Bryce Harper (near) and the Nationals have taken the first two games of their series against the Mets. (Photo: Getty Images)

Just when there was a glimmer of hope that the New York Mets were going to surprise the baseball world and build an enormous divisional lead in the National League East, the Washington Nationals came to town. 

 

And then the wheels fell off. 

 

The Mets have dropped two-straight games, questionable managing pairing up with an inability to execute in key situations, something the team had done so often during their 12-2 start, the best in franchise history. 

 

Entering this week's series against the Washington Nationals, tabbed the divisional favorites entering the season, the Mets had a chance to make an even bigger statement by pushing their rivals further down the standings. Prior to Monday night's series opener, the Mets held a six-game lead over the Nats which meant another sweep — New York swept Washington in the nation's capital last weekend — would have built their advantage to a whopping nine games. 

 

The chance was there considering Washington was without Daniel Murphy and Anthony Rendon, two of their best hitters behind star Bryce Harper. 

 

And after Jacob deGrom's stellar seven innings on the mound, the Mets had a seven-game divisional advantage in the bag thanks to a 6-1 lead. But deGrom was pulled with one out in the eighth and manager Mickey Callaway played musical chairs with his overworked bullpen, using four relievers in an attempt to stymie a Nationals rally.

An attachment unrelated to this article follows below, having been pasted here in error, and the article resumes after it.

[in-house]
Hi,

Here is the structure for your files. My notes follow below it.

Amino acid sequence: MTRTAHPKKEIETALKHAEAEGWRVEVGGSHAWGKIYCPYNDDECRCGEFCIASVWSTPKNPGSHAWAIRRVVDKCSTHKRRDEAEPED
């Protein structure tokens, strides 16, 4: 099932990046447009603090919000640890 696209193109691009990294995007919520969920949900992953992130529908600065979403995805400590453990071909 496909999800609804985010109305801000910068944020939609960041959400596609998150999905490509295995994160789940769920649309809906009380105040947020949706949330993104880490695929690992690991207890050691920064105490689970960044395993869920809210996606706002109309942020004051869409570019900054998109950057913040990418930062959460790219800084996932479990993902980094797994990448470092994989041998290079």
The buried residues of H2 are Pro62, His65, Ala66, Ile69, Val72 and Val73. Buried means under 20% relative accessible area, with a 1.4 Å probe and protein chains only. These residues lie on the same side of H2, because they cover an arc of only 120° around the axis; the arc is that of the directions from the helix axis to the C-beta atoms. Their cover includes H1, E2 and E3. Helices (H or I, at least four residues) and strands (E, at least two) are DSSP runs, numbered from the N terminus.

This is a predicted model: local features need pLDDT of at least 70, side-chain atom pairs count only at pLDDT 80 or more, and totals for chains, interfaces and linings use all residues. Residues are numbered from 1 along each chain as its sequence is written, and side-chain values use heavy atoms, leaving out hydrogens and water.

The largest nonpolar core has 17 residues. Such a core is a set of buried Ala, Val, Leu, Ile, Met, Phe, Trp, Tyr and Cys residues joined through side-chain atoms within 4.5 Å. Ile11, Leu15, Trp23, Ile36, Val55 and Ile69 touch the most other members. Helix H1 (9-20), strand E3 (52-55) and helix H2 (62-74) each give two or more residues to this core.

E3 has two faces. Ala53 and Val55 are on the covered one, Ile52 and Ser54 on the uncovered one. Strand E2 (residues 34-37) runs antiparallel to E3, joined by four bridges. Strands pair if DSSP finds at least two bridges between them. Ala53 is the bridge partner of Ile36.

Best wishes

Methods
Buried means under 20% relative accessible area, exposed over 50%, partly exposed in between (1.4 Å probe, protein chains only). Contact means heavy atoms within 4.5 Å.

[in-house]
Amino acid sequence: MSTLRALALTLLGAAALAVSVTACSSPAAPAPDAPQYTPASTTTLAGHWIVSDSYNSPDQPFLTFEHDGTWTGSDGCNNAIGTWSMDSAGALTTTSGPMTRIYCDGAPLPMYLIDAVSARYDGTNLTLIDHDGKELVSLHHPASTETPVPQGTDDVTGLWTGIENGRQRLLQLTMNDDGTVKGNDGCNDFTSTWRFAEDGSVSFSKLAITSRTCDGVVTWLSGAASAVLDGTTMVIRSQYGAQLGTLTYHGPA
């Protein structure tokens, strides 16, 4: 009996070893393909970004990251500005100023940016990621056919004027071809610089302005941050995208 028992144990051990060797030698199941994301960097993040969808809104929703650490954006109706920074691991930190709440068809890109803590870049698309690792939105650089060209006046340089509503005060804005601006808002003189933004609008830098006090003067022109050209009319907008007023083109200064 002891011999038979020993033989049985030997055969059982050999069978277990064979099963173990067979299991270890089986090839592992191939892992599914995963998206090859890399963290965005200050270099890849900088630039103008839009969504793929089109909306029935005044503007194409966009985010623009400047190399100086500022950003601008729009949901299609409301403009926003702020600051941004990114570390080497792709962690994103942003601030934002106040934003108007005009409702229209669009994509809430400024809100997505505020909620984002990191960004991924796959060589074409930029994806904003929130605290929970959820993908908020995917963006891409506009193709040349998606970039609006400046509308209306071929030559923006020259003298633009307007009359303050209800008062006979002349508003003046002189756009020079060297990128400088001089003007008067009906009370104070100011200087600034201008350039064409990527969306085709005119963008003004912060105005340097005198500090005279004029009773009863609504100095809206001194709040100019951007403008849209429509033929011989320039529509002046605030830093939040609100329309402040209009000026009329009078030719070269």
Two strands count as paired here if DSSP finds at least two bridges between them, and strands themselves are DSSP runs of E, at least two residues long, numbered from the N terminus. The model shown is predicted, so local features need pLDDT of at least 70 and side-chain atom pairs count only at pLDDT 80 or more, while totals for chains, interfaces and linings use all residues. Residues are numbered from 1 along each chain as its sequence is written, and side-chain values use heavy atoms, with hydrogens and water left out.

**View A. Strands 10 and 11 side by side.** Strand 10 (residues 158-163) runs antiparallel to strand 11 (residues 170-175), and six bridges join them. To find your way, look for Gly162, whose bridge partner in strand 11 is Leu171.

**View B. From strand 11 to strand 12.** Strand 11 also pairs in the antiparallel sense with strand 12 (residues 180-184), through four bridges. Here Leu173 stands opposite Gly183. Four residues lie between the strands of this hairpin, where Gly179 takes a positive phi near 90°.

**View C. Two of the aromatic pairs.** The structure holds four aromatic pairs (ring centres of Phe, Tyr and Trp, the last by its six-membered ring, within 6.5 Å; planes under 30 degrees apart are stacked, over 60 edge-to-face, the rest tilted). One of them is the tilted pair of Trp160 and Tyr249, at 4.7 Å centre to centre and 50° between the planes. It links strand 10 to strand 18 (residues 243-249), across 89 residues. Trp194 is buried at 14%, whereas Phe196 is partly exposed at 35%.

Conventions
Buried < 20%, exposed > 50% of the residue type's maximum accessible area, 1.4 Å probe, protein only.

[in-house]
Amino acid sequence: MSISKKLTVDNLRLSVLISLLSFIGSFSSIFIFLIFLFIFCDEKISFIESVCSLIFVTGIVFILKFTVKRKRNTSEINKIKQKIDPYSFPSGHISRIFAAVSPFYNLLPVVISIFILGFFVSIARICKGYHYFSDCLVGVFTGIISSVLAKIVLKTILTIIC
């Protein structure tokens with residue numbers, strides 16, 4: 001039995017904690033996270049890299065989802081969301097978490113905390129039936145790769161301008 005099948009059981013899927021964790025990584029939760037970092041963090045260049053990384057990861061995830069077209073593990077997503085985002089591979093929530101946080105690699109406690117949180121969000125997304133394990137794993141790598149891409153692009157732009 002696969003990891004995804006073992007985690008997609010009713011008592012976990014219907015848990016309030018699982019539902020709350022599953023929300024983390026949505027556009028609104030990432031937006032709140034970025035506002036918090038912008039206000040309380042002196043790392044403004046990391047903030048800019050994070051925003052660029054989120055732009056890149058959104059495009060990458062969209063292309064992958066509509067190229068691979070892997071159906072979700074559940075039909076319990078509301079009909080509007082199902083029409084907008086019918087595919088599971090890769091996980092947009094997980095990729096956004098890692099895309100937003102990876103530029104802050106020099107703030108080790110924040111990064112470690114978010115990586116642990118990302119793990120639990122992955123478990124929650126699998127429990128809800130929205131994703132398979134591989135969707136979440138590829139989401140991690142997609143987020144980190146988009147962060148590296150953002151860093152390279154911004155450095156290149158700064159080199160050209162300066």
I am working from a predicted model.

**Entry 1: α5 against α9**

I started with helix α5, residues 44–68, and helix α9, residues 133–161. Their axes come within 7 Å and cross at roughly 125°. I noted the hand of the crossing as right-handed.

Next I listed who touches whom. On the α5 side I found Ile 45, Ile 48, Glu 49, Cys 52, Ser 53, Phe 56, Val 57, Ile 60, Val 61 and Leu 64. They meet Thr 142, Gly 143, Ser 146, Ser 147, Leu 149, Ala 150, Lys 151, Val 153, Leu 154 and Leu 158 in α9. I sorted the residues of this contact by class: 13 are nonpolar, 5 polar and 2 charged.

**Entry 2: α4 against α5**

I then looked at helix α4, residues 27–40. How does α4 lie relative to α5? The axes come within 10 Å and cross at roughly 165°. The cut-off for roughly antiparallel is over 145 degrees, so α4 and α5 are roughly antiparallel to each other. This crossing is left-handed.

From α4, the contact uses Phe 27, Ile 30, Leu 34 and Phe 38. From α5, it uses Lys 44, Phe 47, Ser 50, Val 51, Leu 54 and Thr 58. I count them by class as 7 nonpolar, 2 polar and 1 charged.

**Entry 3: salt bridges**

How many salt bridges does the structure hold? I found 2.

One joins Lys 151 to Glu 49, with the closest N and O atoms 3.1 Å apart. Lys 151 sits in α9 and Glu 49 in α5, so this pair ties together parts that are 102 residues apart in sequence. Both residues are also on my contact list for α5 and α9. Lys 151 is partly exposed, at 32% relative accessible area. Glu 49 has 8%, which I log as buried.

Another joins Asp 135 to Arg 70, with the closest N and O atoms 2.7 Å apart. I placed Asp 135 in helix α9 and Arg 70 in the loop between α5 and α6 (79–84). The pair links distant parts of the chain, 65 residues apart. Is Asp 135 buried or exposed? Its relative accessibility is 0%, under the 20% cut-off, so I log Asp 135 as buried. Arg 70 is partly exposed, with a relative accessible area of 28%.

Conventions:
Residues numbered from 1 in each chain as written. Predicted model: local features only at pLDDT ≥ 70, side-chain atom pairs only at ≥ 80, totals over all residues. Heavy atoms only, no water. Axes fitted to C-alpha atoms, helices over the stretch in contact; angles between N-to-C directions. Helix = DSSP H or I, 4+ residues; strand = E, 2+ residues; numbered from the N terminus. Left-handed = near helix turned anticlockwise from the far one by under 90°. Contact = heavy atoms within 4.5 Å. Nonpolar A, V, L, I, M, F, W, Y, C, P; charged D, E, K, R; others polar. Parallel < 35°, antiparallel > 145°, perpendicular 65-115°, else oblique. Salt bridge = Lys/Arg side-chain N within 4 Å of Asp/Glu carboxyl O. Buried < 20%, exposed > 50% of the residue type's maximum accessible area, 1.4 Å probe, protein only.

It didn't work. Washington scored six in the eighth and another in the ninth to steal an 8-6 win, a true gut punch to a Mets team that was soaring to start the year. 

Things didn't get better on Tuesday night as the Nationals ensured that New York would lose its first series of the season, a 5-2 decision once again raising questions about Callaway's decision making. 

It was the bottom of the sixth inning and the Mets had clawed their way back from a 3-0 deficit to make it a 3-2 affair against Gio Gonzalez, a pitcher that has regularly dominated at Citi Field.

With runners on first and third and just one out, Callaway chose to pinch-hit Jose Reyes to pinch hit for Zack Wheeler. The veteran switch-hitter was the Mets' only right-handed bat to face the southpaw, Gonzalez. But Washington went to the pen and brought in another lefty in Sammy Solis, who actually fared worse against left-handed batters (.227) than he did righties (.218). 

Callaway stayed with Reyes, who was 0-for-16 to start the season while looking completely lost in the process. There were plenty of other options on the bench, even if they were all left-handed. Brandon Nimmo, Michael Conforto and Adrian Gonzalez — bats that have actually produced this season — were available to pinch hit in such a crucial situation.

Instead, Reyes didn't reward his manager's faith as he was unable to get the tying run in, striking out in feeble style. Amed Rosario ended the inning with a popout. 

It was the closest the Mets would get as the Nationals put across two more runs to secure a second-straight win. 

These were two winnable games. Two games that would've built the Mets' lead to a hearty eight games in April. Instead, the shorthanded Nationals leave Queens with a much slimmer advantage which could come back to haunt the Mets in six months. 

Don't ever say games like these don't matter in April. And after everything he touched turned to gold over the first 14 games of the season, Callaway has encountered his first true speed bump as an MLB manager.